The Anatomy Of THON’s Line Dance
THON wouldn’t be THON without those famous five words shaking the BJC every so often.
But for “morale captains, to the stage!” to work, it takes work. Dancer Wellness Coordinator Maria Warchola is this year’s Morale Captain in charge of the line dance. Morale begins working on creating the line dance shortly after committees are decided, and from there, it’s a grind.
Morale captains narrow down a large list of songs during every meeting they have in the fall semester, eventually getting it down to 10 or so. They begin considering topics toward the end of the fall semester.
“We keep a big Google Doc and keep updating it on topics, PSU, pop culture, news and THON stuff,” Warchola said.
Then, everything comes together during a weekend in January, usually the first after winter break, where the Morale Captains formulate the dance’s couplets and lyrics. The Moralers practice until they have it memorized, then they teach the executive committee, and eventually the committee members.
It’s easier said than done, as any dancer will tell you. So what’s the best way to learn how to do it?
“I would say the first step was listening to the lyrics,” Warchola said. “Once you get the lyrics down, the rest kind of follows it. I’d say it takes a couple of weeks.”
While the line dance gives each THON a distinct mark, it’s also got a different pragmatic purpose – stretching. The stretches focus on the back, neck, arms and feet, and the dance’s creators are careful that there aren’t too many stretches of the same body part in close proximity. Warchola has to stay fresh, too, so a pair of other captains replace her as the dancer’s leader occasionally.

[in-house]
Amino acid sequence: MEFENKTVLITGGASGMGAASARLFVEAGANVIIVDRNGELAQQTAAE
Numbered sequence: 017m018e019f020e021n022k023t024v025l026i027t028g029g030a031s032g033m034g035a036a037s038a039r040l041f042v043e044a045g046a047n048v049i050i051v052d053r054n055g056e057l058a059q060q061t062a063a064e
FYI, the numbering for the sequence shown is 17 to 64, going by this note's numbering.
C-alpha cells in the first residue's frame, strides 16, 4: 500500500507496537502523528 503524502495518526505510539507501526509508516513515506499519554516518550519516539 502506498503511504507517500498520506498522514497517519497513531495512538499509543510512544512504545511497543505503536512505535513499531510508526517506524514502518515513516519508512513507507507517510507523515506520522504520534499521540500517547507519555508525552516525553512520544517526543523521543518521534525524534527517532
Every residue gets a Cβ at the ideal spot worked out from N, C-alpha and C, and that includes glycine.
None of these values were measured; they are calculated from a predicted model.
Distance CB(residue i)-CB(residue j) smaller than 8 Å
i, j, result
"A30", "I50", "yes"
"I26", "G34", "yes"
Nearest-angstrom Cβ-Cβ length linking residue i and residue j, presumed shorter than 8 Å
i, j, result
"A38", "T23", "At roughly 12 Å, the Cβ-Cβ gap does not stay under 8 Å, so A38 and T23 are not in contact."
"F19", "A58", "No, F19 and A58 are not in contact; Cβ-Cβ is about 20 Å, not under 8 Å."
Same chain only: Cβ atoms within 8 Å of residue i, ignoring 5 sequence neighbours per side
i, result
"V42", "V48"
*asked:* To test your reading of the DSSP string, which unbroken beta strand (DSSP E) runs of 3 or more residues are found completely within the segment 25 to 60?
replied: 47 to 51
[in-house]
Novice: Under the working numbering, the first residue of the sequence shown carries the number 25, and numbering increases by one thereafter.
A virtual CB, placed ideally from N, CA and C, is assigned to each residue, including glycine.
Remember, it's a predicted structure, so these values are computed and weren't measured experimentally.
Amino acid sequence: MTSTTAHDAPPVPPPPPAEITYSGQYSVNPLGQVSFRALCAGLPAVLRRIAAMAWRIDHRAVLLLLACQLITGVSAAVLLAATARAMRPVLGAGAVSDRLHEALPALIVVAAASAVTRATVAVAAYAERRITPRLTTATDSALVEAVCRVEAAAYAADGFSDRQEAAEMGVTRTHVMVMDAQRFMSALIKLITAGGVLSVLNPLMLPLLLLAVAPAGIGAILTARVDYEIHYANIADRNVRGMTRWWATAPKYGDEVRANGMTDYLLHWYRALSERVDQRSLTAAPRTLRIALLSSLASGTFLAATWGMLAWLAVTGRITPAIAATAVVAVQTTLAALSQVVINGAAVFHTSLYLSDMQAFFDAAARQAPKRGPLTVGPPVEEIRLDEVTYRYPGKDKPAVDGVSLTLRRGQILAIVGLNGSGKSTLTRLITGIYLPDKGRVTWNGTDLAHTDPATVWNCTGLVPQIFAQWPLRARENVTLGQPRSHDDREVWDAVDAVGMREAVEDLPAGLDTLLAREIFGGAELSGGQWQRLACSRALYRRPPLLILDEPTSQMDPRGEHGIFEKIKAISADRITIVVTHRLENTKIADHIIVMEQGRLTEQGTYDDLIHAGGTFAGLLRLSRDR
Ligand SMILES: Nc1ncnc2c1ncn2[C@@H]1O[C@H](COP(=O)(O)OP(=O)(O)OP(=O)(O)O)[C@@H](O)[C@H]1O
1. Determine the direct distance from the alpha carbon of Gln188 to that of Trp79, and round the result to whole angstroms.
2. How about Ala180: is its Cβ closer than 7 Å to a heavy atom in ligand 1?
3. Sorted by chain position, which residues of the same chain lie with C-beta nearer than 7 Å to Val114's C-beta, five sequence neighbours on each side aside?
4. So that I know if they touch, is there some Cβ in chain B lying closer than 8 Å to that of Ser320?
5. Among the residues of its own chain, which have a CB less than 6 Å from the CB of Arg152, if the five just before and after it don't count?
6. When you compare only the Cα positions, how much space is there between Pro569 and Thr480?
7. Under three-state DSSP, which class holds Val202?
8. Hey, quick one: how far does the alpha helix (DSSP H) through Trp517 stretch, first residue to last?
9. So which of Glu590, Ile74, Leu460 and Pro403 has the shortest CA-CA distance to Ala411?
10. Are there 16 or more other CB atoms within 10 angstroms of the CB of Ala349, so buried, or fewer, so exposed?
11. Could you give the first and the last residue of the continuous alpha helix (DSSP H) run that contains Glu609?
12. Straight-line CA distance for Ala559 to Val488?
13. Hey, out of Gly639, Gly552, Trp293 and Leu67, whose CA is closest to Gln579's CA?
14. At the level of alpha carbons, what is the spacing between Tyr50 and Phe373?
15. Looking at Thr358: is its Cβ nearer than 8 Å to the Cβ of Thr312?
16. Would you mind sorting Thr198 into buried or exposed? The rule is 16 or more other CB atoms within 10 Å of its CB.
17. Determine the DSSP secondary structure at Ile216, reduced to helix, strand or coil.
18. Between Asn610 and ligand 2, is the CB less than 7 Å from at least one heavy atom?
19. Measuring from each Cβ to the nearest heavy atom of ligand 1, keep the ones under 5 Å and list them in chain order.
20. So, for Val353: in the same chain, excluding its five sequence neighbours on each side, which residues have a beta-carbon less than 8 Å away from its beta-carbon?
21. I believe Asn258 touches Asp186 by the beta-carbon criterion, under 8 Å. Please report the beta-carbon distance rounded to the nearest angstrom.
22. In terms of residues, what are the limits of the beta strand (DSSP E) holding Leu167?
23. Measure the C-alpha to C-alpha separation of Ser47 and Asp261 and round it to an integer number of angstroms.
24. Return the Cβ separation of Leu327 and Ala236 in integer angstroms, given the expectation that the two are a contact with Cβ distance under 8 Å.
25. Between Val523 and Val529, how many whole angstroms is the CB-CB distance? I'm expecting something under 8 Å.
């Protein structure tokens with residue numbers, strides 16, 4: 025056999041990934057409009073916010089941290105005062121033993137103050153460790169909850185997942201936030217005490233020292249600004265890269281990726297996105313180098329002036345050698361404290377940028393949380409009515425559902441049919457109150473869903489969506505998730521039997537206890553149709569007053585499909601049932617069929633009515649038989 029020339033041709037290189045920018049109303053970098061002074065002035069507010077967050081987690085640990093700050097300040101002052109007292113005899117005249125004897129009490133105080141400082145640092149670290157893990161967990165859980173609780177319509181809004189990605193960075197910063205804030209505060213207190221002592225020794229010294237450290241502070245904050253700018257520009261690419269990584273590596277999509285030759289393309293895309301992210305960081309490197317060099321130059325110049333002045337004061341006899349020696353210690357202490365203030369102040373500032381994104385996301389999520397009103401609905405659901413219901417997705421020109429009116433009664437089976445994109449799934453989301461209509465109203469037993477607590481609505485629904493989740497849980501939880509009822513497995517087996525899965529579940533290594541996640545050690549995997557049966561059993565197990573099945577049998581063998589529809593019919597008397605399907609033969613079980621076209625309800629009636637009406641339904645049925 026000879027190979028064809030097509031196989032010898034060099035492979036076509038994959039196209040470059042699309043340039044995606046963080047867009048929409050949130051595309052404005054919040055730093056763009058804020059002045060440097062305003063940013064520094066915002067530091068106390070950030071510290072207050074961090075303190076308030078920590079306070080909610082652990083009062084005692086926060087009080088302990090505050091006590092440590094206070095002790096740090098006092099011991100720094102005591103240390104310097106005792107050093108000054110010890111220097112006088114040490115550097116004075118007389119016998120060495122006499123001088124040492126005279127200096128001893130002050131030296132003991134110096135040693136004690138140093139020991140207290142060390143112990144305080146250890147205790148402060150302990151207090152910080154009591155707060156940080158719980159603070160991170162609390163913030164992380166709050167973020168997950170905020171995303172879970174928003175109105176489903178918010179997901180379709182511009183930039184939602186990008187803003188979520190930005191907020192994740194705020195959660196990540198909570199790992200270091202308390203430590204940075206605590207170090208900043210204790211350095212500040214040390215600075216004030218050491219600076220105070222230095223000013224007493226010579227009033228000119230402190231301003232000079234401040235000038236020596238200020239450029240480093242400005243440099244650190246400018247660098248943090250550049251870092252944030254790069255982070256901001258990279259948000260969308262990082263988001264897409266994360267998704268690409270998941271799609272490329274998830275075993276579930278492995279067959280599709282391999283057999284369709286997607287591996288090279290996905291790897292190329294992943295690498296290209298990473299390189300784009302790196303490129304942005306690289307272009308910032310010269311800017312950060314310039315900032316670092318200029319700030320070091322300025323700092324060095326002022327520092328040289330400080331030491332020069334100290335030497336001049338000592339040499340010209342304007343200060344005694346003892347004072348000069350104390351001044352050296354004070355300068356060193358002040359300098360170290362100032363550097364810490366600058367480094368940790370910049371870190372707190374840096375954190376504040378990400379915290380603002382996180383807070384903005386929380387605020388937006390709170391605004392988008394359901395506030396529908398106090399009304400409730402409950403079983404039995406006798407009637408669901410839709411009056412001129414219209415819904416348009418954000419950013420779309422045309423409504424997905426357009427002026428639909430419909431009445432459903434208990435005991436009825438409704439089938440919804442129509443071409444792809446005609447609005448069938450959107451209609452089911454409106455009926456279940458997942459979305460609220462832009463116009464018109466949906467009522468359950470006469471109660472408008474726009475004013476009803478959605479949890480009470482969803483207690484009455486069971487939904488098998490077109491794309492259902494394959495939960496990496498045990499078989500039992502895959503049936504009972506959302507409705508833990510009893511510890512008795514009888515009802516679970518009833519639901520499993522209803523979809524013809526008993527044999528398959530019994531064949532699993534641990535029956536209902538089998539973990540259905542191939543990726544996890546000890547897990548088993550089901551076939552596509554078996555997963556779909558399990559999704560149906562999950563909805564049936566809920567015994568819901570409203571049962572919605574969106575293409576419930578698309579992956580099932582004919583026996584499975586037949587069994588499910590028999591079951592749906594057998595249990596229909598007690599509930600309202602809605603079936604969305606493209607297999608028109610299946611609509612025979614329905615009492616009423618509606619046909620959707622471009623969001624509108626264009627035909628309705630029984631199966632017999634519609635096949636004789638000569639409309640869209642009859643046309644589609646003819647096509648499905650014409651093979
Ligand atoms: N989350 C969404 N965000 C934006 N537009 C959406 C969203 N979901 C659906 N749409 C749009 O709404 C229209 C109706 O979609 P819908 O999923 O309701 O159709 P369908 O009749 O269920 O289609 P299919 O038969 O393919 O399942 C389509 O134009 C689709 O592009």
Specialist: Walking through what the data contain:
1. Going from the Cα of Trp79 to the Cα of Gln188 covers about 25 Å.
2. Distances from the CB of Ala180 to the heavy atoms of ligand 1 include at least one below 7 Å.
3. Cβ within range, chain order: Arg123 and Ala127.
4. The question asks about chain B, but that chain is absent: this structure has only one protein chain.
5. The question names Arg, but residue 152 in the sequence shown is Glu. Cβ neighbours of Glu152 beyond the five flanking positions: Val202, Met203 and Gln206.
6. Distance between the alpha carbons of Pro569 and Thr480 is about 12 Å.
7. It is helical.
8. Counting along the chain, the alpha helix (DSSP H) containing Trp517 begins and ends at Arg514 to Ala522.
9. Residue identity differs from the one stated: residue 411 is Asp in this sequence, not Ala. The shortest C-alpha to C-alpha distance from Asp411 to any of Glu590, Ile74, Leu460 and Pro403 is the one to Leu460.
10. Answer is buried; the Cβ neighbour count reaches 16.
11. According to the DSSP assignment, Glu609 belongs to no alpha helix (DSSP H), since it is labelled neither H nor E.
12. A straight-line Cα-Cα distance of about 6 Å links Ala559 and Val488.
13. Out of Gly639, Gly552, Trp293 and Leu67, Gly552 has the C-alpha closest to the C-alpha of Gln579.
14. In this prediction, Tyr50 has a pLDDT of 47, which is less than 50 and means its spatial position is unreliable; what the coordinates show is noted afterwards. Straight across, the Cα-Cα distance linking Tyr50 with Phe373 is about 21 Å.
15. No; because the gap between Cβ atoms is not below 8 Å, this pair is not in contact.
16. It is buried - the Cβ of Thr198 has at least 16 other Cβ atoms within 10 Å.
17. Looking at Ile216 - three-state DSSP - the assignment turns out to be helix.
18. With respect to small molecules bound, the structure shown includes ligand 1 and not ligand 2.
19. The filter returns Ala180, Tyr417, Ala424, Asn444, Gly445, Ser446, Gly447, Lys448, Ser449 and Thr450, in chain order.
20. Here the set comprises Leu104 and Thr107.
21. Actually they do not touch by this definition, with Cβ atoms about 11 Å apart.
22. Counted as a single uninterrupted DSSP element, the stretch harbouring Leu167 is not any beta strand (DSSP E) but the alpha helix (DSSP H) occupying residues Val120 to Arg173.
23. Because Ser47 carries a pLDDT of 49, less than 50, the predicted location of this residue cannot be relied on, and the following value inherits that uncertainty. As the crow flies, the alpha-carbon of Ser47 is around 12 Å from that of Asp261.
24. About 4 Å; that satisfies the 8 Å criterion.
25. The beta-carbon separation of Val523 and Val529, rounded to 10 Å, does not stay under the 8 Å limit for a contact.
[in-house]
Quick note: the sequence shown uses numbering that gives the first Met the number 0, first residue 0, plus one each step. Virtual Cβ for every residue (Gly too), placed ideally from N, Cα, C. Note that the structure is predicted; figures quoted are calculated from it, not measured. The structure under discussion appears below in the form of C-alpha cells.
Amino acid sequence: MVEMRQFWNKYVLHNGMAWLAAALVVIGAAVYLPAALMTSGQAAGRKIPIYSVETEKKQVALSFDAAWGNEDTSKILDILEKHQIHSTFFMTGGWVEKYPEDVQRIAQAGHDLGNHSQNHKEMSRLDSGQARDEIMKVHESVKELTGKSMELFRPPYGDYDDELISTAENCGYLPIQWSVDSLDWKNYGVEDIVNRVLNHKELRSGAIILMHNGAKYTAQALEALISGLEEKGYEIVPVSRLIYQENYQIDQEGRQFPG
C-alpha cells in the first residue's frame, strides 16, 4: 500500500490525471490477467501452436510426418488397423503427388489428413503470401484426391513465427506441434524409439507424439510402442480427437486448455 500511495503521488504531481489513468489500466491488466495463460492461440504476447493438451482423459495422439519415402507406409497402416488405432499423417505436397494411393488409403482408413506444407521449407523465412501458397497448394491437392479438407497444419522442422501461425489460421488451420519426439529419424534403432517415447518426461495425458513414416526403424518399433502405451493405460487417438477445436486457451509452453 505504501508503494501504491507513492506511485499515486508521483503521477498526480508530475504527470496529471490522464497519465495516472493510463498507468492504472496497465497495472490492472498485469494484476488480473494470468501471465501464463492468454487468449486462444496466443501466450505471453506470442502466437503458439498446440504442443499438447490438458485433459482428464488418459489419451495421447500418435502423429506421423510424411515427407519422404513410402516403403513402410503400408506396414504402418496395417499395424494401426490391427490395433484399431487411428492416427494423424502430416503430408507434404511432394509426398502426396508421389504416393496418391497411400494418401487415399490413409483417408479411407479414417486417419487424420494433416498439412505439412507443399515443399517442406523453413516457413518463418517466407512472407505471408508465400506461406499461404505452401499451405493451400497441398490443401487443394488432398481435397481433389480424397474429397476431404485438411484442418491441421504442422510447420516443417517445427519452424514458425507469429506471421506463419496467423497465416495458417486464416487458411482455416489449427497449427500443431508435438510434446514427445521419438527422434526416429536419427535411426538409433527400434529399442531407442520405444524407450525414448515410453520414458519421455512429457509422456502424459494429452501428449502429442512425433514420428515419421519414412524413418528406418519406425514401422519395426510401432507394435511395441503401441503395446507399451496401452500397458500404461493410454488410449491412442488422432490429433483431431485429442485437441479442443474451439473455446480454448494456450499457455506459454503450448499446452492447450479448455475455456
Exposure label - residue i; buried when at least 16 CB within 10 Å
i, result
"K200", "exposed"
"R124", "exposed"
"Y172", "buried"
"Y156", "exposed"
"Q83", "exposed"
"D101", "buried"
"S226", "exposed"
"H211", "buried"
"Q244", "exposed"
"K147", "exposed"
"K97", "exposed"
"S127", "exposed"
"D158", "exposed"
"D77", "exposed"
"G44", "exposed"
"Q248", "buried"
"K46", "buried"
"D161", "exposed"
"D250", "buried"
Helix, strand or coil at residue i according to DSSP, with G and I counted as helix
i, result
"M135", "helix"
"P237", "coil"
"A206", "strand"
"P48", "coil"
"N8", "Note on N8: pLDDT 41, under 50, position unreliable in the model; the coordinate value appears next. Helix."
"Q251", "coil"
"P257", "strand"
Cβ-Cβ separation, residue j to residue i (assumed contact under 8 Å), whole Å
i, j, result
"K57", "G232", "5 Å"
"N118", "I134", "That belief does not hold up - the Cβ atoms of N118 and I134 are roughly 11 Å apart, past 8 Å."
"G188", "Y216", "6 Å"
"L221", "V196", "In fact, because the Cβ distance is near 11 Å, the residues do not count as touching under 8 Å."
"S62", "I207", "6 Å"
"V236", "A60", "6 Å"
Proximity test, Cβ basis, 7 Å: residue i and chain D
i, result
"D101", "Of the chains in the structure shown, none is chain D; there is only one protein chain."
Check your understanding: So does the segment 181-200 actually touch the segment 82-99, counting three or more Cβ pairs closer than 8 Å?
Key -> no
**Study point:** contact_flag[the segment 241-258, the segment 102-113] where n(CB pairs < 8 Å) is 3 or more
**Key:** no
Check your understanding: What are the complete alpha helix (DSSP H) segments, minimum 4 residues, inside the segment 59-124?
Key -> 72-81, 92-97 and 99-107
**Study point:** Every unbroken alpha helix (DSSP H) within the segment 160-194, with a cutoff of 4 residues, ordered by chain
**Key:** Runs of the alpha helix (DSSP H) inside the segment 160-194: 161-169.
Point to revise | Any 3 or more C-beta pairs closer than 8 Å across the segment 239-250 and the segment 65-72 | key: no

While some think the dance is played on the hour every hour, that’s not the case. The captains plan when to go to the stage(!) based off THON’s overall schedule so that it turns out to be quite random. Sometimes, there will only be 25 minutes between dances; other times, 75 minutes.
The captains are conscious of dance difficulty, too.
“It should definitely not be too hard,” Warchola said. “It should be something they can at least follow along with. It should be a challenge so they can get better and better until the end.”
Warchola had trouble picking her favorite part of this year’s dance, but was partial to the second verse (which contains popular line “SHUT DOWN FOR WHAT?”). THON 2013 Morale Captain Robbie Mitchell agreed.
As for the best line dance ever, different dancers will say different things. Warchola said her golden standard is THON 2011’s (“BOOM! Now shake those stands!”) because it was her freshman year dance, but Mitchell decided not to pick one because he was biased toward 2013’s.
Regardless, all line dances have a long creation process in common.
“It’s a lot harder than it seems,” Mitchell said. “It takes a lot of work and I have so much respect for any line dance coordinator.
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We’ll have updates throughout this weekend’s championship on this page, including analysis, photos, tweets, and more.
The community came together Thursday night to remember Osaze Osagie, the 29-year-old man who was shot and killed by State College Police on Wednesday.
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